In 1975 Ratana village hosted the Māori Land March, in 2006 the Ratana movement (see Ratana flag pictured at NZ parliament) marched against the Foreshore and Seabed legislation of the Labour led government.

The Trans-Pacific Partnership Agreement signing is another such critical moment that the Māori nation face, not the least because Waitangi Tribunal claimants against the signing

‘..allege that the Crown has breached the principles of the Treaty of Waitangi and that prejudice will result….’ Wai 2522

but as clearly articulated after the reading of the full TPPA terms by Māori lawyers and leaders such as Moana Jackson they attest, that TPPA will advantage non-elected corporations to make profits without the constraints of democratically elected governments. Furthermore, TPPA opponents say

‘Maori will lose intellectual property rights;…..Settlement of grievances will be prejudiced (past and future); Wai 2522

The Trans-Pacific partnership agreement is modern day piracy on a world-wide scale and divine intervention is called for to halt its signing.

We may all be skeptical that a political miracle like this could ever happen at Ratana in 2016, however T. W. Ratana in his own age challenged the status quo not just in Māori hierarchies and spirituality matters but also the NZ government. In 1924, he travelled to England to attempt to petition the English King for the Treaty of Waitangi to be honoured.

The Ratana movement has also been integral to Māori women entering NZ parliament.

In 1893 Māori got the vote unlike English women who had to wage a long and sustained militant civil disobedience war on their own government until achieving universal voting rights in 1919. See my Screen Natives movie review of the movie ‘Suffragette’ here.

Although Māori got the vote in 1893, we had to wait until 1949 for Iriaka Matiu Ratana to be the first Māori native woman to enter NZ parliament. She stood for Western Māori seat after her husband Matiu Ratana, the incumbent died suddenly. Iriaka held the seat for twenty years, despite being a solo parent to seven children and running a dairy farm.

In 1972 Whetu Tirakatene Sullivan became the first Māori woman Cabinet Minister and she was endorsed & groomed for politics by the Ratana movement and in particular, her father, Eruera Tirakatene, a Ratana stalwart and the first Ratana holder of the Southern Māori seat.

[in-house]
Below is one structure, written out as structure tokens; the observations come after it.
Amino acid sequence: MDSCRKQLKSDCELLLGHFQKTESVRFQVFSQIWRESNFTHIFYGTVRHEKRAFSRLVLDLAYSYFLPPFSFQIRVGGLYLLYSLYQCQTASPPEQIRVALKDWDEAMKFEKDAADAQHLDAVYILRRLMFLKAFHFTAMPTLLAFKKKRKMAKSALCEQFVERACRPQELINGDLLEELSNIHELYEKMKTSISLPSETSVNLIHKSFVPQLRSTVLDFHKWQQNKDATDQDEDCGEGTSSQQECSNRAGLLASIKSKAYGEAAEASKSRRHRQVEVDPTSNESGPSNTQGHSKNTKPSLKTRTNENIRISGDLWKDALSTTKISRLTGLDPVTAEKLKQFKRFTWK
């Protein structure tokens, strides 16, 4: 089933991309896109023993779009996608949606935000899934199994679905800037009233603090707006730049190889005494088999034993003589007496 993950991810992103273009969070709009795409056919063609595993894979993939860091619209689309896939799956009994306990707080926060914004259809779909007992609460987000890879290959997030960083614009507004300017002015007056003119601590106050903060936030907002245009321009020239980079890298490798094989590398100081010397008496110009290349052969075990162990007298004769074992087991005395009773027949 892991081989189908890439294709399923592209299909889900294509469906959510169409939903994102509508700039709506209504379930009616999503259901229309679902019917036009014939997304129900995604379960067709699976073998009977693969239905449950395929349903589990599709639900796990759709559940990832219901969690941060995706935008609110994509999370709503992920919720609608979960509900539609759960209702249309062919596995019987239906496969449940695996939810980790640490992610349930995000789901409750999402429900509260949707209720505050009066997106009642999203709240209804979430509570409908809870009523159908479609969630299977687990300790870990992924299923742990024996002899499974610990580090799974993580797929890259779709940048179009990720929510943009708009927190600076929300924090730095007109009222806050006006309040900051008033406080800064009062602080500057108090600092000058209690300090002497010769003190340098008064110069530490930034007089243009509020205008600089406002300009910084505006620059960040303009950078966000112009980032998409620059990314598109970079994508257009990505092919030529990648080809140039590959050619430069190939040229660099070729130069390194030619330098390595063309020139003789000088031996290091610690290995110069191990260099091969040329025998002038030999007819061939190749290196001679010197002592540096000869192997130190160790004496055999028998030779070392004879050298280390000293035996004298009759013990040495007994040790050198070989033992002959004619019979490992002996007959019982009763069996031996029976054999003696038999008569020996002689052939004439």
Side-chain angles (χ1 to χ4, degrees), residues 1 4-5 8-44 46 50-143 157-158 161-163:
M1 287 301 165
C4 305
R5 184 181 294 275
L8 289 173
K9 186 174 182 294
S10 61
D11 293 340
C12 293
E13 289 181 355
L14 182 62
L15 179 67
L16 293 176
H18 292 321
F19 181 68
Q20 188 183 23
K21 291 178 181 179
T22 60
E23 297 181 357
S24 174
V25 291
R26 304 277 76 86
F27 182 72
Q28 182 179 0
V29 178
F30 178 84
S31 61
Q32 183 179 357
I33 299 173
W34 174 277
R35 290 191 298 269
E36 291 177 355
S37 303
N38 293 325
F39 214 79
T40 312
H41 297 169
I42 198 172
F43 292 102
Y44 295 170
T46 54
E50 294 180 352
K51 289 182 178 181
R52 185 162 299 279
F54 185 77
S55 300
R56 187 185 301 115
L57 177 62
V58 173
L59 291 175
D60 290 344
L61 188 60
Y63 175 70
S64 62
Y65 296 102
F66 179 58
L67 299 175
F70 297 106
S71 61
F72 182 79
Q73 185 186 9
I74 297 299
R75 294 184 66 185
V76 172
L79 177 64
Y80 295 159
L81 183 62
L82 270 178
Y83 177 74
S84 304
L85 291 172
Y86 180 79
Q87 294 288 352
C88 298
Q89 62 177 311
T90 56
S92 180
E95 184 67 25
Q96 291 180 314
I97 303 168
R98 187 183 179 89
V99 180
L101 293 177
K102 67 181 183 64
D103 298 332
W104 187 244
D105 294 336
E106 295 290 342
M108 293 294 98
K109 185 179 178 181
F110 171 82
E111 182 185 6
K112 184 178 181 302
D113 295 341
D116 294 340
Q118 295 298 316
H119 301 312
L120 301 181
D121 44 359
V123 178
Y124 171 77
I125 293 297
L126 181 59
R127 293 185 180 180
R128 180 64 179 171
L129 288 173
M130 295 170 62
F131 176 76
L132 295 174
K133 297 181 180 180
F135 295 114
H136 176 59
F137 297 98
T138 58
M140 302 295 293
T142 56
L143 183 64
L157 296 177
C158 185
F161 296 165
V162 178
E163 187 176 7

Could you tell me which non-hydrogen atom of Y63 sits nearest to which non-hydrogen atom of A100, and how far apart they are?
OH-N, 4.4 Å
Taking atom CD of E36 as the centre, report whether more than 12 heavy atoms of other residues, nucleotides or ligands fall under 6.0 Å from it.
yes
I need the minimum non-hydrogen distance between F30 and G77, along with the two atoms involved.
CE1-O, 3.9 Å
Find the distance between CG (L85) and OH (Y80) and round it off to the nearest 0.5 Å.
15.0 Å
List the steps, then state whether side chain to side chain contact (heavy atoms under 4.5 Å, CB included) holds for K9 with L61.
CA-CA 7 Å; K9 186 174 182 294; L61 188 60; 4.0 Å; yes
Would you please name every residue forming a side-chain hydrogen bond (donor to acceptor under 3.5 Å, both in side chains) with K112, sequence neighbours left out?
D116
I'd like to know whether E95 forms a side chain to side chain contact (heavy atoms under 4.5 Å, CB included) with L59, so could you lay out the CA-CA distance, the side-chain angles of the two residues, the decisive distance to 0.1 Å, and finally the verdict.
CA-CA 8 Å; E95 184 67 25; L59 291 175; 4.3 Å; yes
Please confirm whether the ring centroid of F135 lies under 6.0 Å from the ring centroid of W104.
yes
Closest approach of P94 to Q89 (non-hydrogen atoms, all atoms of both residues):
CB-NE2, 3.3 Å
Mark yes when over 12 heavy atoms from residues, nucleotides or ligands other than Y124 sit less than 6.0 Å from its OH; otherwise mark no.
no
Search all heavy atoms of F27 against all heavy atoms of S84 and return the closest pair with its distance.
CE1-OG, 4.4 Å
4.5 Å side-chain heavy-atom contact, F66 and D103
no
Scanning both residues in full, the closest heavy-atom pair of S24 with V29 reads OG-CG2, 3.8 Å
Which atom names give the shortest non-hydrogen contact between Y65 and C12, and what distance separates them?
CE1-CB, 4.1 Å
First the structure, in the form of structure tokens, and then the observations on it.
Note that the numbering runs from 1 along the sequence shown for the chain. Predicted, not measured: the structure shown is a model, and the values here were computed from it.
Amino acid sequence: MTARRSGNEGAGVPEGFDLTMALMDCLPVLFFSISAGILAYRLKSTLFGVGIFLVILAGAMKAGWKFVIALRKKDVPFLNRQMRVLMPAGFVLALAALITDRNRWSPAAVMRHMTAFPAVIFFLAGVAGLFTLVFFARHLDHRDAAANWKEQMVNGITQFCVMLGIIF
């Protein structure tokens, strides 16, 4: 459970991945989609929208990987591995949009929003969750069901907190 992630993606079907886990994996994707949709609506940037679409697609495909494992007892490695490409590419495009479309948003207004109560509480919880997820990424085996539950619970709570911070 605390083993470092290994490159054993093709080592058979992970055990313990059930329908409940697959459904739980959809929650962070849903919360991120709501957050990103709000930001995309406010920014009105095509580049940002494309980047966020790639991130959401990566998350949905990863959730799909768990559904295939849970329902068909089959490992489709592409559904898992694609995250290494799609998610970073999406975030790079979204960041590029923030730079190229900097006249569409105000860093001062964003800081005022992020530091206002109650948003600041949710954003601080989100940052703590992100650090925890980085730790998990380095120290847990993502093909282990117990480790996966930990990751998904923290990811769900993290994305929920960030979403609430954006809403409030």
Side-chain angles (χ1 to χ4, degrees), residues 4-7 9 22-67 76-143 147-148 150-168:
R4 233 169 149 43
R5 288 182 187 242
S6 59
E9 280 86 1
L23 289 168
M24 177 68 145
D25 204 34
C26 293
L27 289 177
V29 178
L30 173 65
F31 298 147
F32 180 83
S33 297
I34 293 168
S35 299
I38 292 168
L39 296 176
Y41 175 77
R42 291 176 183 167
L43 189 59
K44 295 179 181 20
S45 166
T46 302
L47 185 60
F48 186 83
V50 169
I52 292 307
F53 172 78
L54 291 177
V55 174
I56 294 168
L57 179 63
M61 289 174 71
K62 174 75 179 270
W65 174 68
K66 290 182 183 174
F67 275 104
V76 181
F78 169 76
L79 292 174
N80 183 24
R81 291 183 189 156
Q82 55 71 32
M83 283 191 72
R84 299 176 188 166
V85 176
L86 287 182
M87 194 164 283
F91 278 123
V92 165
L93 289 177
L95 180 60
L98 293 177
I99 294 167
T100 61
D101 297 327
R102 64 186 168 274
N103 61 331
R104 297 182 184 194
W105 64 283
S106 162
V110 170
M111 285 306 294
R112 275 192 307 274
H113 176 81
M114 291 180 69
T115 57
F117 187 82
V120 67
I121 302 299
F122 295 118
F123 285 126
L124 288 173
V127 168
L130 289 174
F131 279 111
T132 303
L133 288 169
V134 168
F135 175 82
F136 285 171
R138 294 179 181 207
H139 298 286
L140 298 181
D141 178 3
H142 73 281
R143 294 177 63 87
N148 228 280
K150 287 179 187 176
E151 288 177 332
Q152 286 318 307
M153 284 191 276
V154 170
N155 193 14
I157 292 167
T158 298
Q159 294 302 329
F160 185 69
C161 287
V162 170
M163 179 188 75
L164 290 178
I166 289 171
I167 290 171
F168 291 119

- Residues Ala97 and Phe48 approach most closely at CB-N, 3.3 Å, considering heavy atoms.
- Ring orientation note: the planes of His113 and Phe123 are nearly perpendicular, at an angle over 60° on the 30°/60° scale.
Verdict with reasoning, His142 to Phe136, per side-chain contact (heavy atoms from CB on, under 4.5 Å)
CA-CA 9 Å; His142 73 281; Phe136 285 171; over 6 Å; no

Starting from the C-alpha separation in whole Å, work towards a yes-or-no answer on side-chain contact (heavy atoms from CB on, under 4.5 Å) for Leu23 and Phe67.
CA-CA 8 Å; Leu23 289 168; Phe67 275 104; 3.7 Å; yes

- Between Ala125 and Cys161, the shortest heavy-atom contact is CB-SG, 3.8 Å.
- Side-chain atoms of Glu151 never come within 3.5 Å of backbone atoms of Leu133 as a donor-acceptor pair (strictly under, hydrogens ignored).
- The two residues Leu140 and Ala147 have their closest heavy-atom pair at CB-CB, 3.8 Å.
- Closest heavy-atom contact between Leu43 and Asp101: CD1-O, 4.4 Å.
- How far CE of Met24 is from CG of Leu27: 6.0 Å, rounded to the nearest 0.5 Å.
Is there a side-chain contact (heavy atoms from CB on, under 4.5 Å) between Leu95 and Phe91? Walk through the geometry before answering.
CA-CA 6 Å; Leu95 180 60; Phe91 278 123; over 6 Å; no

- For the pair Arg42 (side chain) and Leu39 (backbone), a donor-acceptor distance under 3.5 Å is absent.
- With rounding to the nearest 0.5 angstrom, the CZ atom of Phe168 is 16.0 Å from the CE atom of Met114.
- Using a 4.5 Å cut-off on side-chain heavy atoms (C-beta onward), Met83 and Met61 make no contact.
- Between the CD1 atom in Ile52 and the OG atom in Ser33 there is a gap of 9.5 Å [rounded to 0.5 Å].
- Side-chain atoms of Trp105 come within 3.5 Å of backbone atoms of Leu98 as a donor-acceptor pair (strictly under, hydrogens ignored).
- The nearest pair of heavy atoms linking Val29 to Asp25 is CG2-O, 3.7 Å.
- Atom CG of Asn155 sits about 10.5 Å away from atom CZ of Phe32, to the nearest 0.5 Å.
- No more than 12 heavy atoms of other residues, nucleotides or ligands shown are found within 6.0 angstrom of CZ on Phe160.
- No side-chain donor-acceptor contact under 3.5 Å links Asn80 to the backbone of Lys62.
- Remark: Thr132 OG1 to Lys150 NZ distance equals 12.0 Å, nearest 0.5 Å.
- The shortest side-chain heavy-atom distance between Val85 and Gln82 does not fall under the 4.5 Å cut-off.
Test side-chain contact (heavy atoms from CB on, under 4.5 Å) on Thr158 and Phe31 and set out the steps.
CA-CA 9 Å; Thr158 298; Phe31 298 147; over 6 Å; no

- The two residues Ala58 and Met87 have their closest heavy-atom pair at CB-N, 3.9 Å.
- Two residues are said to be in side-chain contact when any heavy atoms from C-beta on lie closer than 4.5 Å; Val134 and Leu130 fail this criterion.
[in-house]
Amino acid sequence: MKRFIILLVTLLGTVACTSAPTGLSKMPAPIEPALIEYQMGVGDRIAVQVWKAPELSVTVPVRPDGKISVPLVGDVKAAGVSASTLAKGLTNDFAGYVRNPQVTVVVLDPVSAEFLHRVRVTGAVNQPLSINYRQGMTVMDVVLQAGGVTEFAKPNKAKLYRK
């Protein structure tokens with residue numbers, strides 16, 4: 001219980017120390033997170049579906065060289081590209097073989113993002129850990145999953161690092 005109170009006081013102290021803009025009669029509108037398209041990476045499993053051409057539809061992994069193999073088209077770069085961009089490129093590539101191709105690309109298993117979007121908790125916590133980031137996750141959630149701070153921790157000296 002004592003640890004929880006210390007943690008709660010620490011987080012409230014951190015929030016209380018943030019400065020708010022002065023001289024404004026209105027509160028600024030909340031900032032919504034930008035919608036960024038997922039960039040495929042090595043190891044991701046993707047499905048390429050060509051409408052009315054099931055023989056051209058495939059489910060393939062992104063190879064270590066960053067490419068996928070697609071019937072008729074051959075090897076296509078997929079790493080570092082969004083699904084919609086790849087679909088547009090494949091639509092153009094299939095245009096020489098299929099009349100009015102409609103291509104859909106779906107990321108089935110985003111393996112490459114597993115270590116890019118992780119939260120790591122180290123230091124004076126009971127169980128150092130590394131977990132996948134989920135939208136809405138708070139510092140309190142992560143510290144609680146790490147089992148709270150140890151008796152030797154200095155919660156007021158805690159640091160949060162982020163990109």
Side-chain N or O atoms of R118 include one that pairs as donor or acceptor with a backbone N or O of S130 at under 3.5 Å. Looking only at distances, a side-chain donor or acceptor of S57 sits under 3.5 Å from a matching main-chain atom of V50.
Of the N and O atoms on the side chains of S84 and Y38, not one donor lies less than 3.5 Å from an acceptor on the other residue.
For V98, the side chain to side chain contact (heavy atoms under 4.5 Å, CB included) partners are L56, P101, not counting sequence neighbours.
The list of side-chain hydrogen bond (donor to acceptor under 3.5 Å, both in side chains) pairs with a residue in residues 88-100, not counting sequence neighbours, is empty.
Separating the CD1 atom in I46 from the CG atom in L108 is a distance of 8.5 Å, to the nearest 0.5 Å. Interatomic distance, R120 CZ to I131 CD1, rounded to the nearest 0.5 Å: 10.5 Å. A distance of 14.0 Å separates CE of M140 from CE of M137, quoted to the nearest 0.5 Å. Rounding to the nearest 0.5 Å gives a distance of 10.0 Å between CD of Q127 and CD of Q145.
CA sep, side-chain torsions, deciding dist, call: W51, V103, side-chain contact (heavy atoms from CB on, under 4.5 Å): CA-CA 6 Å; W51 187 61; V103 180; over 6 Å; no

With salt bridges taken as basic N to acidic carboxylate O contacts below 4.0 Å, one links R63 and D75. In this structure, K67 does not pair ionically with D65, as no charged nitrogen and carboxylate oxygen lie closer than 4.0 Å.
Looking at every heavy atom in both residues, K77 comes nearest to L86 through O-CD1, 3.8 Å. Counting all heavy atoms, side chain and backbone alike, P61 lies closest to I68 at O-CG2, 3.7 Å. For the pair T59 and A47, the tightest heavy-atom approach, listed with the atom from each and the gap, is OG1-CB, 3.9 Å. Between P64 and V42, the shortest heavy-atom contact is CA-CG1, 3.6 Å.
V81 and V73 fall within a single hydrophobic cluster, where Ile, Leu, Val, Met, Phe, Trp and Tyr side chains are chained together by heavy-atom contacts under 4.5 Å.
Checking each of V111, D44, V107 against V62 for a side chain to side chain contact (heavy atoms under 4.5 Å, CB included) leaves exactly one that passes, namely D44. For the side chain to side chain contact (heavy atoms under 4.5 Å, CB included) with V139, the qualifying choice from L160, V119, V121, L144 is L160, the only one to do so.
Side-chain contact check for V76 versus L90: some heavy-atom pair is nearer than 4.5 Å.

The brilliant Sandra Lee who in 1993 became the first Māori woman to win a general seat. does not have any obvious links to Ratana Pa or whanau, however, a Ratana link exists nevertheless. The late great Matiu Rata mentor of Lee and of course the 1979 founder of the Mana Motuhake Party had been a Ratana Youth leader.

In 2004 outstanding political leader Dame Tariana Turia founded and was co-leader of the Māori party. Raised in Whangaehu near Ratana, in her formative years she witnessed firsthand the results of the political work of Iriaka Ratana and Whetu Tirakatene – Sullivan on her village and at Ratana.

Politicians of all persuasions always appear at Ratana 25th celebrations. This is their photo opportunity with Māori en masse a kind of ‘cuzzie up’ before Waitangi Day in February.

An eleventh hour stand at Ratana by all Māori politicians against TPPA to overturn the signing of the agreement in February is still possible.

Now that would be a miracle worth witnessing.

 

Sources

Te Haahi Ratana

http://www.theratanachurch.org.nz/worldtour.html

Waitangi Tribunal

Wai 2522, Wai 2523, Wai 2530, Wai 2531, Wai 2532 CONCERNING the Treaty of Waitangi Act 1975 AND applications for urgent hearings concerning the Trans-Pacific Partnership Agreement by the claimants for the Wai 2522,2523,2530,2531 and 2532 claims.

Nga Kahui Pou: Launching Maori Futures by Mason Durie, Huia Books 2004

Crossing the Floor – The Story of Tariana Turia by Helen Leahy Huia Books November 2015

Dorothy Page “The Suffragists: Women worked for the vote” Essays from the Dictionary of NZ Biography : Bridget Williams Books/Dept of Internal Affairs, Wellington: 1993

‘ Iriaka Rātana ‘, URL: http://www.nzhistory.net.nz/people/iriaka-ratana, (Ministry for Culture and Heritage),

Angela Ballara. ‘Ratana, Iriaka Matiu’, from the Dictionary of New Zealand Biography. Te Ara – the Encyclopedia of New Zealand, updated 14-Jan-2014
URL: http://www.TeAra.govt.nz/en/biographies/5r7/ratana-iriaka-matiu

Angela Ballara. ‘Tirikatene, Eruera Tihema Te Aika’, from the Dictionary of New Zealand Biography. Te Ara – the Encyclopedia of New Zealand, updated 12-Mar-2014
URL: http://www.TeAra.govt.nz/en/biographies/4t18/tirikatene-eruera-tihema-te-aika